MANAMA, Bahrain (NNS) -- The U.S. Navy converted USNS Lewis B. Puller (T-ESB 3) to a U.S. naval warship, commissioning the Expeditionary Sea Base, USS Lewis B. Puller (ESB 3) during a ceremony at Khalifa bin Salman Port in Al Hidd, Bahrain, Aug. 17.
Puller is the first U.S. ship to be commissioned outside the United States. With its commissioning, the U.S. Navy adds yet another warship towards its goal of having a larger, more capable force. The ship's reclassification provides U.S. Central Command (CENTCOM) and U.S. 5th Fleet greater flexibility to better meet regional challenges.
Vice Adm. Donegan, commander of Naval Forces Central Command said, "The Puller isn't just another ship, but a revolutionary concept; a ship that provides us a key platform that will provide continuity to a variety of operations," he continued saying, "Named after the most decorated Marine in American history, the USS Lewis B. Puller will provide greater operational flexibility to 5th Fleet, forward-deployed as the first ship built specifically for the purpose of serving as an expeditionary sea base. As such, it will augment our amphibious forces, not replace them, mine countermeasure forces and provide an expeditionary sea base for maritime security operations throughout the region."
The need for new solutions to new problems in the 5th Fleet area of operations continues to grow and Donegan recognized the challenge.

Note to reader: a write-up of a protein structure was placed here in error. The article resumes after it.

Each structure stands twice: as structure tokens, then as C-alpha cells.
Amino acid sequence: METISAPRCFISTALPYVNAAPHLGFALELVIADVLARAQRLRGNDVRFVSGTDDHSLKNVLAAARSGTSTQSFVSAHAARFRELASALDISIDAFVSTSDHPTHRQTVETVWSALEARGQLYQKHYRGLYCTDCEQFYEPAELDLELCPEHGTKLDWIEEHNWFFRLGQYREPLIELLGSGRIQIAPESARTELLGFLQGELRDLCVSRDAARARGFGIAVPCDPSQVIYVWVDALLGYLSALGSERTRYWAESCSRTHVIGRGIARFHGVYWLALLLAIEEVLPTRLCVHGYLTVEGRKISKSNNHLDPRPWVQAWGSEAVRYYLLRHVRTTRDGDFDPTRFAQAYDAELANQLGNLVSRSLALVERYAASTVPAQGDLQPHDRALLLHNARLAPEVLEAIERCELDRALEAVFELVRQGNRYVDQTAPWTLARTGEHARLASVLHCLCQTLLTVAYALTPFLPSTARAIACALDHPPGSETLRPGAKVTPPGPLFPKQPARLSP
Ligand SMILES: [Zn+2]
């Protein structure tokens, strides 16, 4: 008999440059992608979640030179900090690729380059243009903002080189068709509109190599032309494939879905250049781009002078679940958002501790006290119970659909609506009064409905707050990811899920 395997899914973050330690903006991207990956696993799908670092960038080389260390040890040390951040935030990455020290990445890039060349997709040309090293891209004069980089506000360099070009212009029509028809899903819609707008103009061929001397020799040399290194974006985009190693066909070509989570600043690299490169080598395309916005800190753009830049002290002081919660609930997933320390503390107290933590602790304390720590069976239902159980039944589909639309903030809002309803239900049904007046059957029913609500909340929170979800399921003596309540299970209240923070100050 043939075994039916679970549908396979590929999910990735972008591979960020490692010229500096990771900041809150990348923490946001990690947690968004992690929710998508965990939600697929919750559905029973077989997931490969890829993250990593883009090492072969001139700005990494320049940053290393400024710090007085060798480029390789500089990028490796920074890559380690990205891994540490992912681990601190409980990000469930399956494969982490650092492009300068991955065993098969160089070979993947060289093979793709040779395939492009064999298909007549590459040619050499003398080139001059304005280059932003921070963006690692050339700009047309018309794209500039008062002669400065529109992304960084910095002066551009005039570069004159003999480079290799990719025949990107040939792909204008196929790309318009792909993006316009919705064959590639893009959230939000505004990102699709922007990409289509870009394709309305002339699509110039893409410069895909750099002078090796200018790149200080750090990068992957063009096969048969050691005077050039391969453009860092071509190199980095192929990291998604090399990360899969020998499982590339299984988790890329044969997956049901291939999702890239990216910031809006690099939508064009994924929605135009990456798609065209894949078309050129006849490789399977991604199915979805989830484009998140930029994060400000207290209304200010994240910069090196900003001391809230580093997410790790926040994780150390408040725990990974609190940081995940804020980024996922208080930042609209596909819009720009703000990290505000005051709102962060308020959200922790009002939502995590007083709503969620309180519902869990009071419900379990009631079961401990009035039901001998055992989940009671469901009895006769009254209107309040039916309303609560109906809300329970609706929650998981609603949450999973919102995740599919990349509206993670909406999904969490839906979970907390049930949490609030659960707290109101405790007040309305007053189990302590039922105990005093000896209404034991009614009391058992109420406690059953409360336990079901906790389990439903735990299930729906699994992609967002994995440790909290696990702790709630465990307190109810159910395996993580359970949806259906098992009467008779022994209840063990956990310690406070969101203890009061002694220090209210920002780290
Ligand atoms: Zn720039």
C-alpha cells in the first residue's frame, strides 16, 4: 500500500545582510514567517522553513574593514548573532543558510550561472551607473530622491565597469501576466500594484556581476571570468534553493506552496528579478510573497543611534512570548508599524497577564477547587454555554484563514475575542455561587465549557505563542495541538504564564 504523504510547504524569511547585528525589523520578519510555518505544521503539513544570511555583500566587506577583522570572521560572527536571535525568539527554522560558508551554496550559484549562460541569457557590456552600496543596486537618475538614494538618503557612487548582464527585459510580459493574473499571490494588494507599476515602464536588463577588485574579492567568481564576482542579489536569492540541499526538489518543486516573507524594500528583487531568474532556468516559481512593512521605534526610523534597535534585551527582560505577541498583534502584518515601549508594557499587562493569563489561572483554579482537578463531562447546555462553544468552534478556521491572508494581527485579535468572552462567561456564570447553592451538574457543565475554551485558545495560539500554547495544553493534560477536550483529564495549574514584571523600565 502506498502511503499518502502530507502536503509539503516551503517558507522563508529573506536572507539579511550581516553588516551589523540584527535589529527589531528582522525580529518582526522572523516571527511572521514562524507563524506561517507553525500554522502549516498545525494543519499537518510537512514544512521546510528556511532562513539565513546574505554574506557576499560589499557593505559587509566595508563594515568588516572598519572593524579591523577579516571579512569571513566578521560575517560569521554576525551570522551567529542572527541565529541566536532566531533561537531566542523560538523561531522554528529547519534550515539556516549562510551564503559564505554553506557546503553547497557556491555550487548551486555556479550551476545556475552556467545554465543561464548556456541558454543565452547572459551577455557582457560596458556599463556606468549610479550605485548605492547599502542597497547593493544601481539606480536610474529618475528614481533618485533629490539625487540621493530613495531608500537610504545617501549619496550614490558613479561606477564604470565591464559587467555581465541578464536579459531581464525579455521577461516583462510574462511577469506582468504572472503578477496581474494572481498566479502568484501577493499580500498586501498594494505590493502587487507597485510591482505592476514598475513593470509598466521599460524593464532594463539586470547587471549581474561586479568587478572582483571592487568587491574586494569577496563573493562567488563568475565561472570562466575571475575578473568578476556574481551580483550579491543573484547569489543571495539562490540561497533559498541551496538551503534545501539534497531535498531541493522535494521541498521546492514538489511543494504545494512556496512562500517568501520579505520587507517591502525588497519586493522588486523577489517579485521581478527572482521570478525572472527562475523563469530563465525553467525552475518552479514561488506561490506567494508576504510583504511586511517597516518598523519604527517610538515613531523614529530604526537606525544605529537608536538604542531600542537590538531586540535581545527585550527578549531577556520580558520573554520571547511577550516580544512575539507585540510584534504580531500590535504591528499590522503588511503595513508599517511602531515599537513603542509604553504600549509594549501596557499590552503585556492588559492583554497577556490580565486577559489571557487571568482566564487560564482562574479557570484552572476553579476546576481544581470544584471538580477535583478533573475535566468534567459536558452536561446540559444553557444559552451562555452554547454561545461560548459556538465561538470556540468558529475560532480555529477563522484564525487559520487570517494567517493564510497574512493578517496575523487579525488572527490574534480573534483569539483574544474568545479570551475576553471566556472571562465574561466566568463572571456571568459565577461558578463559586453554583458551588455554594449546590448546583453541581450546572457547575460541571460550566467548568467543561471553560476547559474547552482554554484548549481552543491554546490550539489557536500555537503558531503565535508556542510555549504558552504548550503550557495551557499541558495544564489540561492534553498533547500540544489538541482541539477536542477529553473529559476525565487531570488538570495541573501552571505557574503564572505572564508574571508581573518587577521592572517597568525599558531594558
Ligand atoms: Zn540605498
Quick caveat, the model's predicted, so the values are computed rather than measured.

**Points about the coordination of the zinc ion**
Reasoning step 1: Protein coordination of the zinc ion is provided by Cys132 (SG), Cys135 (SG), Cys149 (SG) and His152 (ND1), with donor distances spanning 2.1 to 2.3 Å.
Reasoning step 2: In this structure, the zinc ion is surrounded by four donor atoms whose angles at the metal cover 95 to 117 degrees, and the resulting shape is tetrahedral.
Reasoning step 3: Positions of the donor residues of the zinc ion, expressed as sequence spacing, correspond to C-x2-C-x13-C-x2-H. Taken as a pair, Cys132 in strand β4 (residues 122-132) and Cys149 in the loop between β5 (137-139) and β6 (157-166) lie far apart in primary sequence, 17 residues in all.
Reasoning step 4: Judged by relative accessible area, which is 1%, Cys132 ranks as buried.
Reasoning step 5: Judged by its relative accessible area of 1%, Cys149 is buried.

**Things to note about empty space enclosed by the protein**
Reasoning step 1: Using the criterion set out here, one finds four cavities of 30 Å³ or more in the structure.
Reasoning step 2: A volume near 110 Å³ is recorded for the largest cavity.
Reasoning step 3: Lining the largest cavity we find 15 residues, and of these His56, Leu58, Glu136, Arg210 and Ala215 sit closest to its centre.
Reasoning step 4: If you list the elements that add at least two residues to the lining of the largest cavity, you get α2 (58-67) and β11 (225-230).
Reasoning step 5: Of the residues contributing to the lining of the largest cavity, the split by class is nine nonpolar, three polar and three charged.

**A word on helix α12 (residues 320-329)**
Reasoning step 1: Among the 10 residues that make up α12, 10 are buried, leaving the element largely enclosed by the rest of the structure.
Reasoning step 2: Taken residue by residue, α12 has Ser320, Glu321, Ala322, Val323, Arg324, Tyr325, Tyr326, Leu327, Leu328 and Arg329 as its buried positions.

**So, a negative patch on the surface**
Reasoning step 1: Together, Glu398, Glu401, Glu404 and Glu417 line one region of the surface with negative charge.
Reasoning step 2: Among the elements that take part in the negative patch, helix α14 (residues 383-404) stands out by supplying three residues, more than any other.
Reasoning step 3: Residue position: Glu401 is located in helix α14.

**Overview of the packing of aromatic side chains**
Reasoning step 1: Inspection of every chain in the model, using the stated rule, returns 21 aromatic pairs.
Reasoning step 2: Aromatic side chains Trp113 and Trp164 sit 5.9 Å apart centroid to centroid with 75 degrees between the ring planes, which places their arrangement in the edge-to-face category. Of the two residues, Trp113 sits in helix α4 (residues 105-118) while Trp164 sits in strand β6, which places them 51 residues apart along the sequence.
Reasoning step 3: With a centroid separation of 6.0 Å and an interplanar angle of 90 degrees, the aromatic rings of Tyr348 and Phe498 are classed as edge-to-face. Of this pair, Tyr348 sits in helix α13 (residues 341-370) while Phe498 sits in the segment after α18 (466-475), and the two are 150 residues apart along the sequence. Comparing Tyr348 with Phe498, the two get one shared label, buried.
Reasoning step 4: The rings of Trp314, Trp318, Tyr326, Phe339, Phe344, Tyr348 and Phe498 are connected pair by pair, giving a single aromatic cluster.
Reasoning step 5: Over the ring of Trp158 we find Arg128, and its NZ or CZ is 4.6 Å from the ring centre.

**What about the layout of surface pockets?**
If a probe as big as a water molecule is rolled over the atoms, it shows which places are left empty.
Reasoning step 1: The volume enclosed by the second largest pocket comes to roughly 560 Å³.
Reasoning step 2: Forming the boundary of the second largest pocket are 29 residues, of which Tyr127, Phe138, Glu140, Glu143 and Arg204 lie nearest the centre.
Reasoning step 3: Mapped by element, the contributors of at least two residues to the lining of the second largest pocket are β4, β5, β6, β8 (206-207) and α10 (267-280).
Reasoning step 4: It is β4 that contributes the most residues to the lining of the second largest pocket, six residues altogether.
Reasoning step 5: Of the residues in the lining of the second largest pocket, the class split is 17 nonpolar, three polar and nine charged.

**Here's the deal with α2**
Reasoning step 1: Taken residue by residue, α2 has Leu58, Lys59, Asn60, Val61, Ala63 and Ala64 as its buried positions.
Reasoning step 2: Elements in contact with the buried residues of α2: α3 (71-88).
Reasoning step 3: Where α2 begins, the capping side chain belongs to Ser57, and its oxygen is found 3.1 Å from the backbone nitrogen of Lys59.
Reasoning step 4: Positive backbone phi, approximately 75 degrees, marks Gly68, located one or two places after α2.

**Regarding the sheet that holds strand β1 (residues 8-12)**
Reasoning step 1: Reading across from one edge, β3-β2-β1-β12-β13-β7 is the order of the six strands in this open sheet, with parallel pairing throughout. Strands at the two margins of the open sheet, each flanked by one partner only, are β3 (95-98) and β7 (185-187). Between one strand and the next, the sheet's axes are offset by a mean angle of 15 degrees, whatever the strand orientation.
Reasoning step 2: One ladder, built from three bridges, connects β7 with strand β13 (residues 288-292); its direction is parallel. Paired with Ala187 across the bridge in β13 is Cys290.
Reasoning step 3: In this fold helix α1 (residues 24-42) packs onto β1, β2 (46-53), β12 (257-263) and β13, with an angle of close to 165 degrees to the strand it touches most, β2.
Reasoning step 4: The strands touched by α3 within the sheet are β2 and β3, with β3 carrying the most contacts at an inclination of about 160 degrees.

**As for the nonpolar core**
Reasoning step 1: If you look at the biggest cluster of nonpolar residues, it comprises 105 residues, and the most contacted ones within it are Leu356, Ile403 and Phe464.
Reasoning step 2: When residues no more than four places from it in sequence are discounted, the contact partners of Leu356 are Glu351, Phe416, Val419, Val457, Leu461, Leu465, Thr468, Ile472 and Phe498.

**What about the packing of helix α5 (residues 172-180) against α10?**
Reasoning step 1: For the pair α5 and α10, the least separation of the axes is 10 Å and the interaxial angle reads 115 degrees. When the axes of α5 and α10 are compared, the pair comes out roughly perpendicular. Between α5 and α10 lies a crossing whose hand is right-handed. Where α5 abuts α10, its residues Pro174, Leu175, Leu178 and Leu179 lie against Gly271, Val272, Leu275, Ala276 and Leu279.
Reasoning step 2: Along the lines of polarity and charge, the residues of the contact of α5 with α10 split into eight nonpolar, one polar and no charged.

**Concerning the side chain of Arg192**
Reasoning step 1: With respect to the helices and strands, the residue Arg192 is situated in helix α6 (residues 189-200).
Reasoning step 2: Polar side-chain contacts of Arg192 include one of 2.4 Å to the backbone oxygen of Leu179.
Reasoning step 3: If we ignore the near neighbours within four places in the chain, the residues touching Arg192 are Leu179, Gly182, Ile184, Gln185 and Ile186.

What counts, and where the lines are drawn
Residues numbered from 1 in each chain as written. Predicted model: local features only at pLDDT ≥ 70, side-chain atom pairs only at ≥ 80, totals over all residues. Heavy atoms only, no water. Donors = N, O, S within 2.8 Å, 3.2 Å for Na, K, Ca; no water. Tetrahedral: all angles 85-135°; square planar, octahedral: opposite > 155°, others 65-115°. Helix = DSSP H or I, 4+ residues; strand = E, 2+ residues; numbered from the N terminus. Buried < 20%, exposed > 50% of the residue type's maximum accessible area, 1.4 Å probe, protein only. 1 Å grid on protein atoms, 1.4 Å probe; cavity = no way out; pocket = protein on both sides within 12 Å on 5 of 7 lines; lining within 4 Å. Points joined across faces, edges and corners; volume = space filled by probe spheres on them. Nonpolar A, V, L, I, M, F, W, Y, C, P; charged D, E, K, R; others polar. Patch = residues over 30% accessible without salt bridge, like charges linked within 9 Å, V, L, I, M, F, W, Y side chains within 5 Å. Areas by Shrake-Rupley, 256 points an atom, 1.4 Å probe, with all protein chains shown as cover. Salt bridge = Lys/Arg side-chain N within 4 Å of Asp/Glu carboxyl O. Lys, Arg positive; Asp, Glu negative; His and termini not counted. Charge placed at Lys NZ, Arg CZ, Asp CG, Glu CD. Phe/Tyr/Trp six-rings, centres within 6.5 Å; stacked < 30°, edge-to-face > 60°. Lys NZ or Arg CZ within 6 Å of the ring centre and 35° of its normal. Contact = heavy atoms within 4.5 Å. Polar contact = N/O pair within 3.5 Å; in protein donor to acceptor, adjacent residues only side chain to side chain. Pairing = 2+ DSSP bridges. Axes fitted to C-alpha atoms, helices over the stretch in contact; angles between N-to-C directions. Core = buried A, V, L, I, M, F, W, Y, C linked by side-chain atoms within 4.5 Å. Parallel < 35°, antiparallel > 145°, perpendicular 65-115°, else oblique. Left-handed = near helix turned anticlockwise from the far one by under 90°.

"As the security environment becomes faster paced, more complex and increasingly competitive, with the ever-growing and evolving challenge of asymmetric threats from state and non-state actors alike, the Navy has a growing need to station more diverse and capable warships around the globe. Commissioning this expeditionary sea base, the USS Lewis B. Puller, will allow the Navy and Marine Corps team to meet the threats in the region head on," said Donegan.
Puller's namesake, Lt. Gen. Lewis Burwell "Chesty" Puller, was the most decorated Marine in the history of the U.S. Marine Corps. He is one of only two men, and the only Marine, to be awarded five Navy Crosses. He fought in Haiti and Nicaragua, as well as several key battles in World War II and the Korean War.
"For the most part, [Puller] spent much of his time in the Pacific," said Lt. Gen. Dave Beydler, commander of U.S. Marine Corps Forces Central Command. "Why was he there? Because that is where the fight was ... I would argue that if he lived in our era, he would have spent a majority of his time in this region, the CENTCOM [area of responsibility]. I'm glad to have Chesty Puller back where the fight is."
Capt. Adan G. Cruz is the USS Puller's first commanding officer. Per naval tradition, Cruz read his orders before addressing those in attendance.
"It is really an honor to be part of a team and part of a crew with great Sailors and great civilian mariners," said Cruz.
Puller's crew of nearly 150 Sailors and civilian mariners work in concert with one another as did those on the ship's predecessor, USS Ponce (AFSB-(I) 15) to extend U.S. Naval Forces Central Command's maritime reach in 5th Fleet by supporting a wide variety of missions including counter-piracy operations, maritime security operations, humanitarian aid, disaster relief and crisis response operations.
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